Diffraction is the process by which a beam of light is spread out as a result of passing through a narrow aperture or across an edge. Light diffraction can be produced by closing the aperture diaphragm beyond the recommended setting, by flipping the condenser cone down, or by using an opaque object such as the microscopist's hand to block the column of light and force it to bend around the edge. Any of these techniques results in greater refractility of objects in the path of the light. We studied 77 biopsy specimens from a variety of conditions selected to compare the value of diffractive microscopy, and found that it worked best in the evaluation of alopecia, tumor stroma, hemosiderin, argyria and imipramine pigmentation. In amyloidosis stained with Congo red and silica granuloma, polarized microscopy was superior to diffraction microscopy, and neither diffractive microscopy nor polarized microscopy was superior to routine light microscopy in the evaluation of melanin, chrysiasis or ochronosis.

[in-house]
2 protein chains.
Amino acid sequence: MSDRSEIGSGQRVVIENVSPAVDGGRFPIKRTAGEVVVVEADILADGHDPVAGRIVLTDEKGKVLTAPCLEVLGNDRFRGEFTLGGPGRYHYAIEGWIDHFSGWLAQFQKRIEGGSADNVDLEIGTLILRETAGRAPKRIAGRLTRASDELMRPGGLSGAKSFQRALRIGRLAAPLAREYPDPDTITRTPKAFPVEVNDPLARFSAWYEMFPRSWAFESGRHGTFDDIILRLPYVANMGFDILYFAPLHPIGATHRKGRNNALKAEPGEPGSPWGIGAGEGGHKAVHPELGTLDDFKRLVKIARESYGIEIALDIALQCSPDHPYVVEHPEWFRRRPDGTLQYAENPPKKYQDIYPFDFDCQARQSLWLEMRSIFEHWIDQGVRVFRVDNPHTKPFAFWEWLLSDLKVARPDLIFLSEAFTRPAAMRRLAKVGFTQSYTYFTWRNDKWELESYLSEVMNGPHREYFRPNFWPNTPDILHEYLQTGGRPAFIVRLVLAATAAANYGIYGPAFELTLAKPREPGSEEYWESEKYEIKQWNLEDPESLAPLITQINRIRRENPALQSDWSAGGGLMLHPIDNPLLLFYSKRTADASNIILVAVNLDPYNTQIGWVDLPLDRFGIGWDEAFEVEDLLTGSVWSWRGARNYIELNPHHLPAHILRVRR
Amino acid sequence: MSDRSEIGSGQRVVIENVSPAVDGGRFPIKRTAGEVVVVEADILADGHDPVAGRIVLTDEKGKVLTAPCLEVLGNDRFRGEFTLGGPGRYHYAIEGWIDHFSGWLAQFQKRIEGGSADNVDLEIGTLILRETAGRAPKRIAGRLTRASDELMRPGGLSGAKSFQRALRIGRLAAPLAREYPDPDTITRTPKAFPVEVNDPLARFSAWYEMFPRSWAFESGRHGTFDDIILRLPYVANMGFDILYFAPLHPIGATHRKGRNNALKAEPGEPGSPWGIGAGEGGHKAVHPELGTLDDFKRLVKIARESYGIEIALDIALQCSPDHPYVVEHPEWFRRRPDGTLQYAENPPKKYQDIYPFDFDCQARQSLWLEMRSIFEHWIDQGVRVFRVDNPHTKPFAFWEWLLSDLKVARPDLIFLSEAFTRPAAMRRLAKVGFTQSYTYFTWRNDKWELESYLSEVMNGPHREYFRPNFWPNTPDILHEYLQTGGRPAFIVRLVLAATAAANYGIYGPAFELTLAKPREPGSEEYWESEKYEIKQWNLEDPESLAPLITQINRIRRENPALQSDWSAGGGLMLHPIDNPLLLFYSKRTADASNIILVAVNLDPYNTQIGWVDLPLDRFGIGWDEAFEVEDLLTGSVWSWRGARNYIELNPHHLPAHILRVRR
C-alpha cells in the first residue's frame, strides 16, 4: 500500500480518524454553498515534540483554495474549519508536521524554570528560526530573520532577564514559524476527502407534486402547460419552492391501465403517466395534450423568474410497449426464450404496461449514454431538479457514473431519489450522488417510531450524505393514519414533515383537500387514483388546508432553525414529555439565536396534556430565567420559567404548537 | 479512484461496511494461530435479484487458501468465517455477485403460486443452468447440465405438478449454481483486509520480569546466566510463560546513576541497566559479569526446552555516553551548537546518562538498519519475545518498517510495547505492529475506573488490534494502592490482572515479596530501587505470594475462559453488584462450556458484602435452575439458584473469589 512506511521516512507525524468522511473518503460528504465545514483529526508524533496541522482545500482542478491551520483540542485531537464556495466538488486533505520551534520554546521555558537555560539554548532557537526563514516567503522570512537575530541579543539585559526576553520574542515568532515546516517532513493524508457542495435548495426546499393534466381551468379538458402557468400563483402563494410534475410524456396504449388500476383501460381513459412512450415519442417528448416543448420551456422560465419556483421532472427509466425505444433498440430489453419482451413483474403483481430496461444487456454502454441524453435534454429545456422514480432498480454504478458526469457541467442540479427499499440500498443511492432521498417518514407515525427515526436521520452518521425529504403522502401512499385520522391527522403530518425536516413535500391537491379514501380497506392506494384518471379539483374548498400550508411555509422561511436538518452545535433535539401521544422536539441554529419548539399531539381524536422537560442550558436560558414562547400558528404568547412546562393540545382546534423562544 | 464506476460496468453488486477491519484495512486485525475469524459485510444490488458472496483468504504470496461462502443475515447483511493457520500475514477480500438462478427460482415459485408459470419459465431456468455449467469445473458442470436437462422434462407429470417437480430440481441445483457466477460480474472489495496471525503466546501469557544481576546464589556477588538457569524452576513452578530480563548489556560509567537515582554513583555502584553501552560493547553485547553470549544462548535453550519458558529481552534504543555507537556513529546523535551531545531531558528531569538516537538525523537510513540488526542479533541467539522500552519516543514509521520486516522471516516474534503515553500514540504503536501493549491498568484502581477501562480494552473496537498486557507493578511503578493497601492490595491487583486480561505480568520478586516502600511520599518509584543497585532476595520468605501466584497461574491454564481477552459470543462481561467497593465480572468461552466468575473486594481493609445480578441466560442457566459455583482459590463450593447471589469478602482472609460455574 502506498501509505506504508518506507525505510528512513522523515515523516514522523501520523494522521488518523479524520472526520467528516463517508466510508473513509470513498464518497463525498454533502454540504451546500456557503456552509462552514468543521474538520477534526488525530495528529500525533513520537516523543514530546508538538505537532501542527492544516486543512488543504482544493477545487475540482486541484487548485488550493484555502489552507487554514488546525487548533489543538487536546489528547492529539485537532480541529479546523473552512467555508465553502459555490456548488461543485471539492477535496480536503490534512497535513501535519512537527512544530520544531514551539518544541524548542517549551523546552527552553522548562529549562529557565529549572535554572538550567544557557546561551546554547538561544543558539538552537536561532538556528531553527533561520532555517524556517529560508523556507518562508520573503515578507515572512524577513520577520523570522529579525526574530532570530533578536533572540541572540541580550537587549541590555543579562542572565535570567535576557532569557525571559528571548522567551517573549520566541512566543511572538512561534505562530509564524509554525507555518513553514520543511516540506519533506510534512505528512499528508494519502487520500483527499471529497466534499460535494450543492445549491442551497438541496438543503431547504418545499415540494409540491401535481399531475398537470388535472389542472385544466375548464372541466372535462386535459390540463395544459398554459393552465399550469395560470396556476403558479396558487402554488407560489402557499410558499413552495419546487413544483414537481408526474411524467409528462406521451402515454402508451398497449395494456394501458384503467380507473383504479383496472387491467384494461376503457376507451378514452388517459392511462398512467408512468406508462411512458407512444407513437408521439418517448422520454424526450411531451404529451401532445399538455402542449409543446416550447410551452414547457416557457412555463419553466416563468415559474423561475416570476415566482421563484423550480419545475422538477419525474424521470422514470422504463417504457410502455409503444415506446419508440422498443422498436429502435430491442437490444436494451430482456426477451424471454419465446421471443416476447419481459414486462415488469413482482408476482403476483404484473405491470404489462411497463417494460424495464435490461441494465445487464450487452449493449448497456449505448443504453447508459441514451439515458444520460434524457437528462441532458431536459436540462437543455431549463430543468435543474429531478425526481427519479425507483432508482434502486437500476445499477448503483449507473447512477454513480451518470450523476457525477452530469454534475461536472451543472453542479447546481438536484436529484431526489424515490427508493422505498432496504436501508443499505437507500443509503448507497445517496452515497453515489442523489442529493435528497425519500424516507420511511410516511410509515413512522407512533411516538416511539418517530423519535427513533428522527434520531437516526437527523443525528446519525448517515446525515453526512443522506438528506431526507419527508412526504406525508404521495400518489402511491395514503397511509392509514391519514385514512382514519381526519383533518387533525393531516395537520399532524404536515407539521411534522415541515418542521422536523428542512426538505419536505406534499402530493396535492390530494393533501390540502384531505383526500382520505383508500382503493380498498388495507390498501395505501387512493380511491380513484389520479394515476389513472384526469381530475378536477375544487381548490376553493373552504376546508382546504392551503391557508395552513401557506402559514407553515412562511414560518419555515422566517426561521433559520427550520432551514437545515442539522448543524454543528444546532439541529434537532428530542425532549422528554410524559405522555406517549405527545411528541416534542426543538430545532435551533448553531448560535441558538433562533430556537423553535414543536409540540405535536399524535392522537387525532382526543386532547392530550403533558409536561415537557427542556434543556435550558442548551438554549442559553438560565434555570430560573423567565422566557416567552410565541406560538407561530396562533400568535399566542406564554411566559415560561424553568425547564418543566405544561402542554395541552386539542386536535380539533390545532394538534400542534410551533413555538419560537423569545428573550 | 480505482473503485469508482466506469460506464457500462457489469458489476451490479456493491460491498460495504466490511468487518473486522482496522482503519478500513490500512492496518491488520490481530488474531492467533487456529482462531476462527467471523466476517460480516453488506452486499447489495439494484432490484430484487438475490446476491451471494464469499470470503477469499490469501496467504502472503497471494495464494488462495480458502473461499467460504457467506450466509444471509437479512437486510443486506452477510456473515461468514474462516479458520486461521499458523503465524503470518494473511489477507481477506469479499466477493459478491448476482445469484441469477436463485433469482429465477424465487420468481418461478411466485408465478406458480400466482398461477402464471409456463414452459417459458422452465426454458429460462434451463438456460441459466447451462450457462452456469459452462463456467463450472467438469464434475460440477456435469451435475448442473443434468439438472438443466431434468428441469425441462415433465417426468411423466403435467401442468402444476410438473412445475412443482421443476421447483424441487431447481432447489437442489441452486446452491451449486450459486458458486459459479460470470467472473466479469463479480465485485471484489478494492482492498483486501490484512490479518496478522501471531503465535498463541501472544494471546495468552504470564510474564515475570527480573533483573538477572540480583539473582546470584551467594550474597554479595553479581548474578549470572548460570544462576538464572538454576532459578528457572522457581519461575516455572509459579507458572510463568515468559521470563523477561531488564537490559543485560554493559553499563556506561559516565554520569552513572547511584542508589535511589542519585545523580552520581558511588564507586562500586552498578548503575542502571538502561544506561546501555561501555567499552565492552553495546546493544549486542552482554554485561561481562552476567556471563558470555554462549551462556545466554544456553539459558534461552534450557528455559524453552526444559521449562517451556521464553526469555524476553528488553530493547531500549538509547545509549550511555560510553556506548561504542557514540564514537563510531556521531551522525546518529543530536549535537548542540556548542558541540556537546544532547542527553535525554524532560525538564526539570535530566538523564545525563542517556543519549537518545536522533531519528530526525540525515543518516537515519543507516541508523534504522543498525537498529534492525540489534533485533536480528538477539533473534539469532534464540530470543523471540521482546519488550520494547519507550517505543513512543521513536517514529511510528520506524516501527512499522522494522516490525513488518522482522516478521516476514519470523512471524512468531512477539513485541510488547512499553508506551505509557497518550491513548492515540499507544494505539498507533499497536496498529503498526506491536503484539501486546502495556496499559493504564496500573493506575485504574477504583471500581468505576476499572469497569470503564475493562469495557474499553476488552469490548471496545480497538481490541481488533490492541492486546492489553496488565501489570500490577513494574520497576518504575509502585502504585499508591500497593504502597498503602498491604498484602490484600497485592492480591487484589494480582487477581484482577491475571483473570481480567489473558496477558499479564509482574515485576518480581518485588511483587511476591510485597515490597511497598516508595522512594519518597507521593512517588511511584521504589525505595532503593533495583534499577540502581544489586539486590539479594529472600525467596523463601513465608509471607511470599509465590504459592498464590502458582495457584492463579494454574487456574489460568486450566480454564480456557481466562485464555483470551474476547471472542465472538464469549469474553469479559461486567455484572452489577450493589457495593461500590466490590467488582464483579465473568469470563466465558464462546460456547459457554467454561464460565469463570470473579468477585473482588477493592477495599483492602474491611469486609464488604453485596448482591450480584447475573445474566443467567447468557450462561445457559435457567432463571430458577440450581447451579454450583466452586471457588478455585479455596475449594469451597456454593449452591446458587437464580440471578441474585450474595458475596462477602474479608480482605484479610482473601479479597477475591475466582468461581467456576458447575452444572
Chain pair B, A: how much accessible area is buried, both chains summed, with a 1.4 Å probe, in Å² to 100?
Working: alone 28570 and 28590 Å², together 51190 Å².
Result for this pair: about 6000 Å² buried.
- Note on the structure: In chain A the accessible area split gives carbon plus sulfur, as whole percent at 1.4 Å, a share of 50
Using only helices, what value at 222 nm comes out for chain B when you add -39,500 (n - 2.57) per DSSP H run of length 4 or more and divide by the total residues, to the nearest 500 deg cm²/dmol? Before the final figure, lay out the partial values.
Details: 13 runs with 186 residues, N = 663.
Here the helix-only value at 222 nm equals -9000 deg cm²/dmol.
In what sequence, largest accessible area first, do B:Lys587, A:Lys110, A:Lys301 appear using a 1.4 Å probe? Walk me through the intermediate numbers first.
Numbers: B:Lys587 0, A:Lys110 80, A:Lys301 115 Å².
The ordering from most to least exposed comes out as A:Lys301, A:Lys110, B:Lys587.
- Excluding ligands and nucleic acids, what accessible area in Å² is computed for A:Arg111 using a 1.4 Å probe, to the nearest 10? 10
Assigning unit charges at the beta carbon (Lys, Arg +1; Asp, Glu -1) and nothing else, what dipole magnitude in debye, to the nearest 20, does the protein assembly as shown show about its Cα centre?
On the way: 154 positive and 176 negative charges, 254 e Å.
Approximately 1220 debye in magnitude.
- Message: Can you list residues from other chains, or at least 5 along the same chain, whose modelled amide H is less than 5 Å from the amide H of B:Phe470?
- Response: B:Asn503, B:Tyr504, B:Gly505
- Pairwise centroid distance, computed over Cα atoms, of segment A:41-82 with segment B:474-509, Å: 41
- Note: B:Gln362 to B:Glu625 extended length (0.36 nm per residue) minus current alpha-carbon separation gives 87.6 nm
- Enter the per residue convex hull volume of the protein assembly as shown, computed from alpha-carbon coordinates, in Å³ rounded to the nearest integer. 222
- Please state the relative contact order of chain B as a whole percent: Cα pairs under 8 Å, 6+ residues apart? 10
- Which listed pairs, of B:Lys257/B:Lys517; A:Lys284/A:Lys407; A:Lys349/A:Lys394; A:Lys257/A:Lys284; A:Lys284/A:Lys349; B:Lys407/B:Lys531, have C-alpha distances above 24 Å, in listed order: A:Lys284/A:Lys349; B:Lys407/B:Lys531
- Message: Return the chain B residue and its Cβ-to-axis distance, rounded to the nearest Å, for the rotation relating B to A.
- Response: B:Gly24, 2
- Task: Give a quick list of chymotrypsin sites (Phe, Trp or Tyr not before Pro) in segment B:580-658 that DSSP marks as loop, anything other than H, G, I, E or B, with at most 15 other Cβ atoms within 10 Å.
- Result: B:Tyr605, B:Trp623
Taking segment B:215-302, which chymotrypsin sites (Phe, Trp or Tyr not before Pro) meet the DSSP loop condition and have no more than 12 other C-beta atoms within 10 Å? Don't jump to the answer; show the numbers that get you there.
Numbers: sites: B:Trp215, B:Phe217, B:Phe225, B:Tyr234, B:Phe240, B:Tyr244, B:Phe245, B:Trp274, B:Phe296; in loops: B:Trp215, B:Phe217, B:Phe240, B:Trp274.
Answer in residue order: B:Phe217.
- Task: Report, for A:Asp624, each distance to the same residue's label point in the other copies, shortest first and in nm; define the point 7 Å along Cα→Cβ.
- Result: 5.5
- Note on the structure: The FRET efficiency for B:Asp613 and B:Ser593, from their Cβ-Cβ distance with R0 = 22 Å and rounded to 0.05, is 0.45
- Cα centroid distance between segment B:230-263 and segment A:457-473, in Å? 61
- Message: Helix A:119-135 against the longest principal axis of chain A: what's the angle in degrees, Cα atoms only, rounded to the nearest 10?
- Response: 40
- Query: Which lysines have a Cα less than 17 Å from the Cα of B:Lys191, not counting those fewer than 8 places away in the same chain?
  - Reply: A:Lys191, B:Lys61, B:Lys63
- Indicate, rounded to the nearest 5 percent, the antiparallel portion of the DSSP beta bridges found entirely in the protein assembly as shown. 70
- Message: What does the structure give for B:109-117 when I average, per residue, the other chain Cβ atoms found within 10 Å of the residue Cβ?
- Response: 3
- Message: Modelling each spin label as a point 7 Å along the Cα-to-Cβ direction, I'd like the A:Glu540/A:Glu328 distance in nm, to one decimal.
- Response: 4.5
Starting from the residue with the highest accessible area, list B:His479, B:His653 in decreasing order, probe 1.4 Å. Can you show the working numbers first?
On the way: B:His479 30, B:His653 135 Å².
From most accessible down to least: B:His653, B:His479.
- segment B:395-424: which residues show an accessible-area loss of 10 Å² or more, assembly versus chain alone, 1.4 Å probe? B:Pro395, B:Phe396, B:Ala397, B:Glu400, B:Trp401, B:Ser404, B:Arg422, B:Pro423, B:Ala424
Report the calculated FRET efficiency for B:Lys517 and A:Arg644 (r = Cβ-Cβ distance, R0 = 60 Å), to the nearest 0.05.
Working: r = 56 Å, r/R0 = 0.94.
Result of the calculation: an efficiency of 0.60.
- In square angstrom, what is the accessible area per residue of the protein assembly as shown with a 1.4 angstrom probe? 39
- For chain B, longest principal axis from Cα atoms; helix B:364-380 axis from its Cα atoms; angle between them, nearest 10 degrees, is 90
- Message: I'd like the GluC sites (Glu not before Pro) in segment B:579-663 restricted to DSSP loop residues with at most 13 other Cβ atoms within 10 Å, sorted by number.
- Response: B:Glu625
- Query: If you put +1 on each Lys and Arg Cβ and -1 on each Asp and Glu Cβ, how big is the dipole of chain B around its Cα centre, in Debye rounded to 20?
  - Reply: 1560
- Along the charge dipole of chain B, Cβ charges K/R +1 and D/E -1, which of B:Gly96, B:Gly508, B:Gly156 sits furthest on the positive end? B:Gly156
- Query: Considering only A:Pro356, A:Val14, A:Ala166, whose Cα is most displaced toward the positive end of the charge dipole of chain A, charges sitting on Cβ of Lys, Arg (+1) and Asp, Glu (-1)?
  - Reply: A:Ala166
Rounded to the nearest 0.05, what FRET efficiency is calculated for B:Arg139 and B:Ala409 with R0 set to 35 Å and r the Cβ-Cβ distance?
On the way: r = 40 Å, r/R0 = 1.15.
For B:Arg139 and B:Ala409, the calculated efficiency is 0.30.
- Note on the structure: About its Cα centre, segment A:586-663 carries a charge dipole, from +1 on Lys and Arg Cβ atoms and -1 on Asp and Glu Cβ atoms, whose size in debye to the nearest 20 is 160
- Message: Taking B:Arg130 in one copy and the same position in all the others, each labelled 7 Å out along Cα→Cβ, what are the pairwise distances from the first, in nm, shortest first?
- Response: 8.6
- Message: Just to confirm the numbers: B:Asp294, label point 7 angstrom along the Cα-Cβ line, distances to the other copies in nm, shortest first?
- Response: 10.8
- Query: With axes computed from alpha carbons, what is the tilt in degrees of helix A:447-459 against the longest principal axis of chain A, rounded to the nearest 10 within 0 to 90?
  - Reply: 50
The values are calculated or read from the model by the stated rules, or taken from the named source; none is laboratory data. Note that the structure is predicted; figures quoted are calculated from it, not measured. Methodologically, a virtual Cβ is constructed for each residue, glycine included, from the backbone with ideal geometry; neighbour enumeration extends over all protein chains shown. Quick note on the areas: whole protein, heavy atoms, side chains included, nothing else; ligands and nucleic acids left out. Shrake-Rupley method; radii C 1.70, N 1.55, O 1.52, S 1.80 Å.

Keywords: diffraction; microscopy; polarization.
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